Amongst the Laplanders these opinions may be reduced to two heads, for they are supersticious and paganish, or Magical and Diabolical. Of the first sort some of their superstitions are only vain and fabulous, others very impious and heathenish. As first of all their distinctions between white and black daies. Of the latter sort they account the Feasts of S. Katharine and S. Mark, whom they call Cantepaive, and S. Clement, upon which daies they abstain from all business, and chiefly from hunting. And of this they give two reasons; first, because they say if they should hunt on any of those daies, their bows and arrows would be broken, and they should forfeit their good success in that sport all the year. In like manner they esteem the first day of Christmas to be unlucky, insomuch that Masters of families go not out of their Cottages, not so much as to Church, but send their Children and Servants, for fear of I know not what spirits and dæmons, which they suppose to wander about in the air in great Companies upon that day; and that they must first be appeased by certain Sacrifices, which we shall mention hereafter. This superstition, I suppose, sprang from a misinterpretation of the story which they heard from their Priest, how a great host of Angels came down from Heaven upon our Saviours Nativity, and frightened the Shepheards. They are likewise great observers of Omens, and amongst others they guess at the success of the day from the first beast they meet in the morning. They forbid the woman to go out of that door thro which the man went a hunting, as thinking the way would be improsperous if a woman trod the same steps.

And herein they are only superstitious but in what follows, they are impious and heathenish. As the first they go to Church not out of any devotion, but compulsion. Next they stick at several Principles of the Christian Religion, especially the resurrection of the dead, the union of the body and soul, and the immortality of the soul. For they fancy to themselves that men and beasts go the same way; and will not be perswaded that there is any life after this. Whereupon one Georgius, a Laplandish Priest, desired upon his death bed that he might be buried amongst the Laplanders, that at the last day when he should rise together with them, they might find his doctrine of the resurrection true. Notwithstanding they believe that something of a man remains after he is dead, but they know not what it is; which was the very opinion of the Heathens, who therefore feign’d their Manes to be somewhat that did remain after their death. A third impiety they are guilty of, is joining their own feign’d gods with God and Christ, and paying them equall reverence and worship, as if God and the Devil had made an agreement together to share their devotions between them.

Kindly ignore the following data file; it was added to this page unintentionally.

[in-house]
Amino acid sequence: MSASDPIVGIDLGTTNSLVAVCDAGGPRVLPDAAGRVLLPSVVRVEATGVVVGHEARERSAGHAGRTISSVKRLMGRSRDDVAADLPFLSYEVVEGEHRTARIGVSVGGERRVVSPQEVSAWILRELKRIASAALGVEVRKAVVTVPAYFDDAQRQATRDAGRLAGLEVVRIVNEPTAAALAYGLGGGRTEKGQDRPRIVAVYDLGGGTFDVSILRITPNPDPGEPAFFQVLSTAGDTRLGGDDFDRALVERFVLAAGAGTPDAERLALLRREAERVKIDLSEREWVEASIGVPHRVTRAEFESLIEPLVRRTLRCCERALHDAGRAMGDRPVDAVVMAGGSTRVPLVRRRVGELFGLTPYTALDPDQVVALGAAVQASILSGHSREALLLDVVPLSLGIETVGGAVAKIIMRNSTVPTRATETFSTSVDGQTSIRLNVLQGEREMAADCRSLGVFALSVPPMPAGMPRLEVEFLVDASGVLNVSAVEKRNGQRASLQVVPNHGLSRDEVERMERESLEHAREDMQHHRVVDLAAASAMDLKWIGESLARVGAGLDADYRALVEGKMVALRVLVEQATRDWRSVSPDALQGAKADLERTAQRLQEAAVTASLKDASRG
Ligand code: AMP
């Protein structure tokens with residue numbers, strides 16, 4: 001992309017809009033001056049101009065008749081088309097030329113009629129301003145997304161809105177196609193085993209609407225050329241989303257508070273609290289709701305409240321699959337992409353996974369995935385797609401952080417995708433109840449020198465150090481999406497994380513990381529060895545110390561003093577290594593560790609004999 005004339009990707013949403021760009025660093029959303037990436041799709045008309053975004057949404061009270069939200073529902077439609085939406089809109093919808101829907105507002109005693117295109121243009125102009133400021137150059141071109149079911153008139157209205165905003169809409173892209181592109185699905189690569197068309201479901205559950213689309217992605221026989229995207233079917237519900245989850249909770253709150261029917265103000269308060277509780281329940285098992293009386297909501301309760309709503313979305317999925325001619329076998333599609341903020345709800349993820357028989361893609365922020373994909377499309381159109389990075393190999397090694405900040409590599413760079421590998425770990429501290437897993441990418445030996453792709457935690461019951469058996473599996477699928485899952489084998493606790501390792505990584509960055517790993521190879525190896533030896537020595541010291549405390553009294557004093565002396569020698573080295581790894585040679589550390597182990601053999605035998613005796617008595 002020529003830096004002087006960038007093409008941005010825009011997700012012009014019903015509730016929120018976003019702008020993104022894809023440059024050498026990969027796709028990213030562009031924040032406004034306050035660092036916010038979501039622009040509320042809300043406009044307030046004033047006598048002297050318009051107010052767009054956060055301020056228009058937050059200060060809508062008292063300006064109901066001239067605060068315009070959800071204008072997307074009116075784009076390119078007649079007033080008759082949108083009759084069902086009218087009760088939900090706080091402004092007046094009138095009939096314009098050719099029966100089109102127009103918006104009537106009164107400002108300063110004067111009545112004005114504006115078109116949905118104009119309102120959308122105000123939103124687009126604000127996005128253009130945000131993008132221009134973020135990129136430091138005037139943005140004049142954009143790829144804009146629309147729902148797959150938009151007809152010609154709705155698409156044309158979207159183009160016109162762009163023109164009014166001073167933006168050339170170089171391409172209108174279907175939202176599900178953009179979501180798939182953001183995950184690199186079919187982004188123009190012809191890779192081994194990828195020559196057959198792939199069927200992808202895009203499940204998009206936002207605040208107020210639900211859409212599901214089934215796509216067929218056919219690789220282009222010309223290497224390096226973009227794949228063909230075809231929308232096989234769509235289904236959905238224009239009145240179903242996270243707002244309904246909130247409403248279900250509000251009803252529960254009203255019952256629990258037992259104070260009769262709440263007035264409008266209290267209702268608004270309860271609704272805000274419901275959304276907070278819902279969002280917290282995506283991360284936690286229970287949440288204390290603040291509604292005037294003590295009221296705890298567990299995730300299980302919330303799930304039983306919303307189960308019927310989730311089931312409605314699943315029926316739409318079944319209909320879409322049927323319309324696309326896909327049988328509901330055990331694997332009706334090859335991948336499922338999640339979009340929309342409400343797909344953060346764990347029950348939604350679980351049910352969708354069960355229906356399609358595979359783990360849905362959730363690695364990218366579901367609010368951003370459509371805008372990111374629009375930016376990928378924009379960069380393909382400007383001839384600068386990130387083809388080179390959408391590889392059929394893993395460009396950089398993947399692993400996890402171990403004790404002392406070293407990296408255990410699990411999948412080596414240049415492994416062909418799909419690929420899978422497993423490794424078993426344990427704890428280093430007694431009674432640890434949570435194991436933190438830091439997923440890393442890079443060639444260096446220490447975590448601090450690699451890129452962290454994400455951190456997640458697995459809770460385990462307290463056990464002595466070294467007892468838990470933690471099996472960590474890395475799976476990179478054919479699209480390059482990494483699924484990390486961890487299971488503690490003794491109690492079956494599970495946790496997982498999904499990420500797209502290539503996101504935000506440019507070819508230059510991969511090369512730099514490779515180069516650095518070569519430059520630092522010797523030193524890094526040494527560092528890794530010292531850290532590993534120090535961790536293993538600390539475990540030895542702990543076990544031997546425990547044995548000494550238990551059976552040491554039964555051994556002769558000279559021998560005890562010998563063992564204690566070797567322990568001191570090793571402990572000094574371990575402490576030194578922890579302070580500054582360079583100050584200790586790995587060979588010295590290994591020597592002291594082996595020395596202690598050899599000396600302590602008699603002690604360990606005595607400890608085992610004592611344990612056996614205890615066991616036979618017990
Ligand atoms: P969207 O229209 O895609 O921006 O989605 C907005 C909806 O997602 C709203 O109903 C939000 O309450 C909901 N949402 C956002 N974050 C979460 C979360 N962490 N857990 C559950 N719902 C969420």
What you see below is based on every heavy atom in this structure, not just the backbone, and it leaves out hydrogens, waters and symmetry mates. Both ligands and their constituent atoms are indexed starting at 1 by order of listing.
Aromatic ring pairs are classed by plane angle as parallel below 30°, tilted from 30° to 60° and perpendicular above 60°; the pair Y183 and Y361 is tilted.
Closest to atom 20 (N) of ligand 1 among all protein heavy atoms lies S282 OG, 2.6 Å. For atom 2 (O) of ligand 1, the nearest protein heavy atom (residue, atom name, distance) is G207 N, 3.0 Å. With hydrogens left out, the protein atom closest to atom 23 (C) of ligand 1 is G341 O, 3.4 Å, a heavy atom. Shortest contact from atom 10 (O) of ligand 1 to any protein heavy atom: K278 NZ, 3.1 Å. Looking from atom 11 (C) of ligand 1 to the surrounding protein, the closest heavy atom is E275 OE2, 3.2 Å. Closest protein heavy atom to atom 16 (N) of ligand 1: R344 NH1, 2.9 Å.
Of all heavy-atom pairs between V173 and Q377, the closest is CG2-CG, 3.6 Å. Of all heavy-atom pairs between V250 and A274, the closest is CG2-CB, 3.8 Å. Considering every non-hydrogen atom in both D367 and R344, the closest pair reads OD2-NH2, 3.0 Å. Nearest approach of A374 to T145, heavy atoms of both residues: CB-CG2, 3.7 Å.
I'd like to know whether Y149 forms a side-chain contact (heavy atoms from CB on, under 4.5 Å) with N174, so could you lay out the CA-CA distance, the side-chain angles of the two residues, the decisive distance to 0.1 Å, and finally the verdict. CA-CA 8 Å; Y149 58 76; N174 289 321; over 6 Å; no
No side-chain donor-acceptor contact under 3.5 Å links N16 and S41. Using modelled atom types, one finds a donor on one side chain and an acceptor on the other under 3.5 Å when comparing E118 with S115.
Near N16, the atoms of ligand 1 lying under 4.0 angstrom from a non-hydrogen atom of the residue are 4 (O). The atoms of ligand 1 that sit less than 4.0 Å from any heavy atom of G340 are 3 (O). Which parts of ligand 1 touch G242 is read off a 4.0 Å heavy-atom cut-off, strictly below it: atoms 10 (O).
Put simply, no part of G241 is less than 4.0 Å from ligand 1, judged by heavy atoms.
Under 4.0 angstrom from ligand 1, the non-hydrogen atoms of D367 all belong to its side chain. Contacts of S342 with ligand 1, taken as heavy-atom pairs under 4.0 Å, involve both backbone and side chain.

Those of Lapponia Pithensis and Luhlensis have their greater and lesser Gods; the greater to whom they pay especial worship are, Thor, Storjunkaren, and the Sun. Damianus à Goes writes that they worship the Fire and Statues of stone: but those Statues are only the Images of Storjunkaren, and the Fire is only an embleme of the Sun; for that they worshipped Fire it self for a God, is very false, as appears from Tornæus, who made particular enquiry into that thing. The same may be said of Peucer, who taking his mistake from the wooden Image of Thor, reports that they worship wood. So that there are only three, and that among the Pithenses and Luhlenses; for the Tornenses and Kiemenses knew nothing of them, but in their stead under one common name worshipped a Deity, whom they called Seita, whereof every family and almost every person had one. Nevertheless there was one chief Idoll to which all the neighbourhood paid devotion. But tho this word Seita denotes any God among the Laplanders, yet may we suppose that under that name, especially as it signifies the publick Idoll, they worshipped the same, which the Luhlenses call Tiermes, or Aijeke (i. e.) thunderer, or father, by others named Thor. And by the private Idols they mean’t him, who by the Luhlenses is called Storjunkare, making the difference to consist not in the Gods but their names. The Tornenses rather using a generall appellation, and calling them all Seitas, whereas the Luhlenses call the greater Tiermes or Aijeke, and the lesser Storjunkar. And if one attend to their manner of worshipping these Gods, they will appear to be the same. Beside these greater, the Pithenses, Luhlenses, and their neighbours have some inferior Gods, as the Tornenses likewise have, tho they worship them all under one name, excepting only that which they call Wiru Accha, signifying a Livonian old woman, which Olaus Petr. with some alteration calls Viresaka. This was only the bare trunk of a tree, and is now wholly rotten. But who the inferior Gods were, or to what end they were worshipped, there is no mention made; but we may guess from what we find observable among the other Laplanders. First under that name they worshipped the ghosts of departed persons, but especially of their kindred, for they thought there was some divinity in them, and that they were able to do harm: just such as the Romans fancied their Manes to be; therefore it was that they offered Sacrifice to them, of which more hereafter. Besides these Manes they worship other Spectres and Demons, which they say wander about Rocks, Woods, Rivers and Lakes, such as the Romans describe their Fauni, Sylvani, and Tritons to be. The third sort dreaded by them are Genii, whether good or bad, which they suppose to fly in the air about Christmas, as we intimated before; these they call Juhlii from the word Juhl, denoting at present the Nativity of Christ; but formerly the new year. And these are the Gods which the Laplanders jointly adore with God and our Saviour; of which we shall now speak particularly, and of their respective worship.